Diterpene acids had low toxicity to mammalian erythrocytes. Pinifolic and polyaltic acids did not cause lysis except at the maximum concentration tested. The haemolysis rates of methyl copalate (500 µg/mL) and agathic acid (350 µg/mL) were both 50%. Kaurenoic and hydroxycopalic acids were more toxic (Table).

The morphological and ultrastructural changes of the parasites were investigated after treatment with hydroxycopalic acid, as shown in Fig. 1A-D. Using SEM, it was possible to observe the typical elongated shape of untreated cells (Fig. 1A). However, when the parasites were treated with hydroxycopalic acid, we observed notable morphological changes, such as the appearance of rounded cells (Fig. 1D), rupture of the plasma membrane with loss of the cell contents (Fig. 1B) and significant alterations of the flagellar membrane (Fig. 1C). TEM results are shown in Fig. 1E-H. Untreated promastigotes showed no plasma membrane alterations and contained organelles with normal morphology (Fig. 1E). In parasites treated with hydroxycopalic acid, the most prominent effect was swollen mitochondria with the appearance of concentric membrane structures inside the organelle (Fig. 1F-H). Other ultrastructural alterations induced by hydroxycopalic acid were abnormal chromatin condensation and intense exocytic activity in the region of the flagellar pocket (Fig. 1G).

 

 

Diterpene acids were also evaluated with regard to their actions against axenic amastigote forms of L. amazonensis. The most active acids in inhibiting the proliferation of axenic amastigotes were pinifolic acid and kaurenoic acid, with IC50 values of 4.0 and 3.5 µg/mL, respectively (Table). Amphotericin B had an IC50 of 0.23 µg/mL against amastigote forms. The ANOVA (p < 0.05) showed significant differences between the isolated compounds and the control group.

As previously described (Santos et al. 2012), PI labelling was employed to evaluate the cell viability of the parasite. PI is a well-known DNA marker; it is a fluorescent dye that binds specifically to DNA. As shown in Fig. 2, the relative numbers of PI-positive events were measured and compared with the upper left quadrant gated percentage of positive controls (75.9%) (Fig. 2H) and negative controls (11.4%) (Fig. 2G). Cell membrane integrity was affected mainly by agathic acid (63.4%), kaurenoic acid (60.8%) and pinifolic acid (68.4%) (Fig. 2A, C, E). These diterpene acids induced a considerable increase in plasma membrane permeability in the axenic amastigote forms of L. amazonensis. The percentages of gated cells treated with hydroxycopalic acid, methyl copalate and polyaltic acid (Fig. 2B, D, F) were similar to those in the negative control (Fig. 2G). All treatments were applied for 3 h at 32ºC.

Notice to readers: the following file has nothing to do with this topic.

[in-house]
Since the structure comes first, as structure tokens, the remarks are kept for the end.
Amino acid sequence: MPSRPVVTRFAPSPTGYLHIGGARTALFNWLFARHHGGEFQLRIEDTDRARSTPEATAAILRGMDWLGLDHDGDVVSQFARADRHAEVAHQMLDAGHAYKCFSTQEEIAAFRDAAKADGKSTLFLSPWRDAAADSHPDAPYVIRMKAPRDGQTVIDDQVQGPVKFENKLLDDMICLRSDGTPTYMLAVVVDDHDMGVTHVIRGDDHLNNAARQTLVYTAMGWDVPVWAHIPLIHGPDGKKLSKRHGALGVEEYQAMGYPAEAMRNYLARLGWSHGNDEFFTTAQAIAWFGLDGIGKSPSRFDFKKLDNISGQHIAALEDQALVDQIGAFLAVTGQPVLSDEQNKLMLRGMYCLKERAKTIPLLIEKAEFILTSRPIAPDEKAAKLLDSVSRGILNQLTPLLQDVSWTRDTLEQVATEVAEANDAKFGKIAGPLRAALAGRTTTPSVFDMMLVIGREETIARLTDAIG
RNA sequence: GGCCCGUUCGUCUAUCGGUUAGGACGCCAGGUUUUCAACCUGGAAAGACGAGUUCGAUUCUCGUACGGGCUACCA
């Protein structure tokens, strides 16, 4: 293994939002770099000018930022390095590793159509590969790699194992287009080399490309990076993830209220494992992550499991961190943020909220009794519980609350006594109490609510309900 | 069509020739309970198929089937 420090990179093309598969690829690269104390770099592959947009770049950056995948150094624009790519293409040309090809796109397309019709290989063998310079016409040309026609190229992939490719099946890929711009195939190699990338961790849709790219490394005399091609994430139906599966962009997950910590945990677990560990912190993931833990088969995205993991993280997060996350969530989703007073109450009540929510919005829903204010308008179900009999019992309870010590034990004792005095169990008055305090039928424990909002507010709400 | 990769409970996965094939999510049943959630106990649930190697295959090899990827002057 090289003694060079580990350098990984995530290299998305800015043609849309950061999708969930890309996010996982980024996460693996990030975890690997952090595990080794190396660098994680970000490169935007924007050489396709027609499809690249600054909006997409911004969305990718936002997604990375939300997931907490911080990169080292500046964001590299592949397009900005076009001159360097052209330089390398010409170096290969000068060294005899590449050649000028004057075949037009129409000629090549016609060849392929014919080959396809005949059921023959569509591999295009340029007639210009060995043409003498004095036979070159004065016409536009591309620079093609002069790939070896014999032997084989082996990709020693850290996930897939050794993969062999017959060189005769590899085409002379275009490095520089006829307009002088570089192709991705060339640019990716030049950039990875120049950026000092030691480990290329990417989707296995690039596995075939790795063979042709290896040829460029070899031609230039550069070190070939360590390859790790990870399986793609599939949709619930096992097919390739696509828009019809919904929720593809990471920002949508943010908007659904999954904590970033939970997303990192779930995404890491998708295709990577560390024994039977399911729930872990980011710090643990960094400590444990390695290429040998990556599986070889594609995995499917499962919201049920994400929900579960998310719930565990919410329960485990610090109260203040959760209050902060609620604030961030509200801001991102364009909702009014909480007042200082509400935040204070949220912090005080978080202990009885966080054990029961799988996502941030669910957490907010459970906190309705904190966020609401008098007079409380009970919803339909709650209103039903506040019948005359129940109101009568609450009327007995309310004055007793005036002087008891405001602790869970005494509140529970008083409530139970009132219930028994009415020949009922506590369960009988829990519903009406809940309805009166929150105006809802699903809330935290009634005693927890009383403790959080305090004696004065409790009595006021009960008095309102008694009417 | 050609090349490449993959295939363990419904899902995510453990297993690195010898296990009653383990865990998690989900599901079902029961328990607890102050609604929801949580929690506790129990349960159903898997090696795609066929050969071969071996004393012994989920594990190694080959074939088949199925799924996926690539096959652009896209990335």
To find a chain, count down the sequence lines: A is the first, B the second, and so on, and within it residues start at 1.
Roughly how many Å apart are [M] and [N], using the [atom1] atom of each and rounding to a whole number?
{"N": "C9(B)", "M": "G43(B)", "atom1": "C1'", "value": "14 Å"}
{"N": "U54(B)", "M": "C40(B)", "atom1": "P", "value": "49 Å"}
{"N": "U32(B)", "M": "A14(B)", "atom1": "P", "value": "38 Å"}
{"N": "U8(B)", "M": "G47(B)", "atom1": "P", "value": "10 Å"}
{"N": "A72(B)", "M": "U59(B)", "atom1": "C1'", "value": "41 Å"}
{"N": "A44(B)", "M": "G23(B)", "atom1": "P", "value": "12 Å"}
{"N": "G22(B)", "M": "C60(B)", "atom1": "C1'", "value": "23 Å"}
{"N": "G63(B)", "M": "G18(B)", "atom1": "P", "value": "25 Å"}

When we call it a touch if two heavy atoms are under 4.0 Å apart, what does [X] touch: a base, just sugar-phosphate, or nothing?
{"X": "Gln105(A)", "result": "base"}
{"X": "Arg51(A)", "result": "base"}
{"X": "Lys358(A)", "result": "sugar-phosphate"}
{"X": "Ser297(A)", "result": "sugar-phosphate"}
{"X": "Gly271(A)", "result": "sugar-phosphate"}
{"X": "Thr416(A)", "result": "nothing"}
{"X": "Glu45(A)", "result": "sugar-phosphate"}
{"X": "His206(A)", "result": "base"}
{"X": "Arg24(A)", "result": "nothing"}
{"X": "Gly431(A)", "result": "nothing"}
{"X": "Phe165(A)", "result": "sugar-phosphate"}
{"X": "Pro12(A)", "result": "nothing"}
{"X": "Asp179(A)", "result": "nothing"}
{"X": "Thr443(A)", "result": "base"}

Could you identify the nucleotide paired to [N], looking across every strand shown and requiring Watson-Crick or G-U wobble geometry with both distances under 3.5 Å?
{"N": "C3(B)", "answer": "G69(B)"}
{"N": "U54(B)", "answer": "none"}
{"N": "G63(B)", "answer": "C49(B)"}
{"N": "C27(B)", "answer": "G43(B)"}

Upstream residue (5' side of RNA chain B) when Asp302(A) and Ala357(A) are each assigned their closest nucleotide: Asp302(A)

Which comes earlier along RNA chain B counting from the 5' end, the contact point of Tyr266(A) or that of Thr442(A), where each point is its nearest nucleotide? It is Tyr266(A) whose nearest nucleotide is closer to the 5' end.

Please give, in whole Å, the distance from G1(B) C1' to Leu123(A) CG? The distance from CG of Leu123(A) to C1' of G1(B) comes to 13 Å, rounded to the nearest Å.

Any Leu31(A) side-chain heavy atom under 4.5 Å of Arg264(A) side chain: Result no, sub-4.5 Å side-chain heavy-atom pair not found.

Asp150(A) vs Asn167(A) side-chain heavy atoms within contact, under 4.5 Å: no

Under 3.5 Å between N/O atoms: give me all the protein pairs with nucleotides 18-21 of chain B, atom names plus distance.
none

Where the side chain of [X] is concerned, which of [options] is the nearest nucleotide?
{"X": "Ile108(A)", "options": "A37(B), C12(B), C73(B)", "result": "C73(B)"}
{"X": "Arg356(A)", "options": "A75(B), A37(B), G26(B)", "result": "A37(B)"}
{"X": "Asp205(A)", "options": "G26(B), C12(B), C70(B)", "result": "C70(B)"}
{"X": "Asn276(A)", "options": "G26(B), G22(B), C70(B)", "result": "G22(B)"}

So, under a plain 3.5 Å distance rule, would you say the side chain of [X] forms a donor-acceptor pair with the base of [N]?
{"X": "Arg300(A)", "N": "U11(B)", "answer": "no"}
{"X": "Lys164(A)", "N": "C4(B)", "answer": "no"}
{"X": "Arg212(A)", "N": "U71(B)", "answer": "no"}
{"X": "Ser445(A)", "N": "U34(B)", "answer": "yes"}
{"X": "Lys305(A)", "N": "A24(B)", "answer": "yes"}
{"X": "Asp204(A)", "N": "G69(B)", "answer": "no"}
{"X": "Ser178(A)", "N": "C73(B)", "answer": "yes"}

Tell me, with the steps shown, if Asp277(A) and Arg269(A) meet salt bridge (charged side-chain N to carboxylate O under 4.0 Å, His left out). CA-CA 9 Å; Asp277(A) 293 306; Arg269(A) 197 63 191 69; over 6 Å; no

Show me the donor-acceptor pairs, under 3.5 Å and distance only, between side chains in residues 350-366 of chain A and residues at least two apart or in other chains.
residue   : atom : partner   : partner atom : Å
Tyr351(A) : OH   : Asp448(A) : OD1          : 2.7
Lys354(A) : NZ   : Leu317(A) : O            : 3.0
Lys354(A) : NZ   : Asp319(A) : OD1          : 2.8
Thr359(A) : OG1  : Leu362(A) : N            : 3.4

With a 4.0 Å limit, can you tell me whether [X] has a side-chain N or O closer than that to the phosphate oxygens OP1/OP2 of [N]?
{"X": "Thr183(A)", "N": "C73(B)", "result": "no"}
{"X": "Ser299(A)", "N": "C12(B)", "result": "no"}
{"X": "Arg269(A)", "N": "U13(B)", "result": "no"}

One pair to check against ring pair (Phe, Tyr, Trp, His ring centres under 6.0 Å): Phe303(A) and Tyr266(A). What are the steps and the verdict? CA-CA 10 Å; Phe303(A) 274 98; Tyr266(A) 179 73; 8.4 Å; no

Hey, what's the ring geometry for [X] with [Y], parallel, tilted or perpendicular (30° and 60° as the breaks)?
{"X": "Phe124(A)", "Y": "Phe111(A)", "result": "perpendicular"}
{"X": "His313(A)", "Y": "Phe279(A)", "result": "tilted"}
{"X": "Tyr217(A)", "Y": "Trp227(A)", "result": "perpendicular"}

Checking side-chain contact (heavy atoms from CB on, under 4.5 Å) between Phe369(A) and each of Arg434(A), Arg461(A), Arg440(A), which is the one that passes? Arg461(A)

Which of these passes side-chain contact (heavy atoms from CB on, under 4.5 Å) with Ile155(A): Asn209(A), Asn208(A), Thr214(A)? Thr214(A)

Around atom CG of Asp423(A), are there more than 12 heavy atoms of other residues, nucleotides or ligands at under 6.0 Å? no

Flow cytometry with Rh123 was used for membrane potential measurements. The results showed a marked decrease in the upper right gated population percentage after treatments with agathic acid (27.5%), kaurenoic acid (24.4%) and pinifolic acid (32.4%) (Fig. 2A, C, E), indicating depolarisation of the mitochondrial membrane potential in the cells after treatment with these acids at 100 µg/mL for 3 h at 32ºC. Similarly, a decrease in membrane potential was also observed following treatment with the standard drug CCCP (53.1%) (Fig. 2H) at 200 µM for 3 h at 32ºC. In contrast, the membrane potential was maintained in untreated cells (93.7%) (Fig. 2G).

 

DISCUSSION

In this study, we tested the in vitro antileishmanial activity of isolated compounds from copaiba oil against the promastigote and axenic amastigote forms of L. amazonensis and obtained promising results. Recently, Izumi et al. (2012) evaluated diterpenes from Copaifera with trypanosomal activity and showed that they were more active against intracellular forms of L. amazonensis. Similarly, in our study, the majority of the compounds were more effective against amastigotes than promastigotes, except for methyl copalate and hydroxycopalic acid, which exhibited greater inhibition against promastigotes; specifically, these compounds demonstrated an inhibition of 50% against intracellular trypanosomes at 0.8 and 0.6 µg/mL, respectively (Izumi et al. 2012). Additionally, Santos et al. (2008) reported activity of copaiba oil from C. reticulata against intracellular amastigotes, with an IC50 value of 20.0 µg/mL.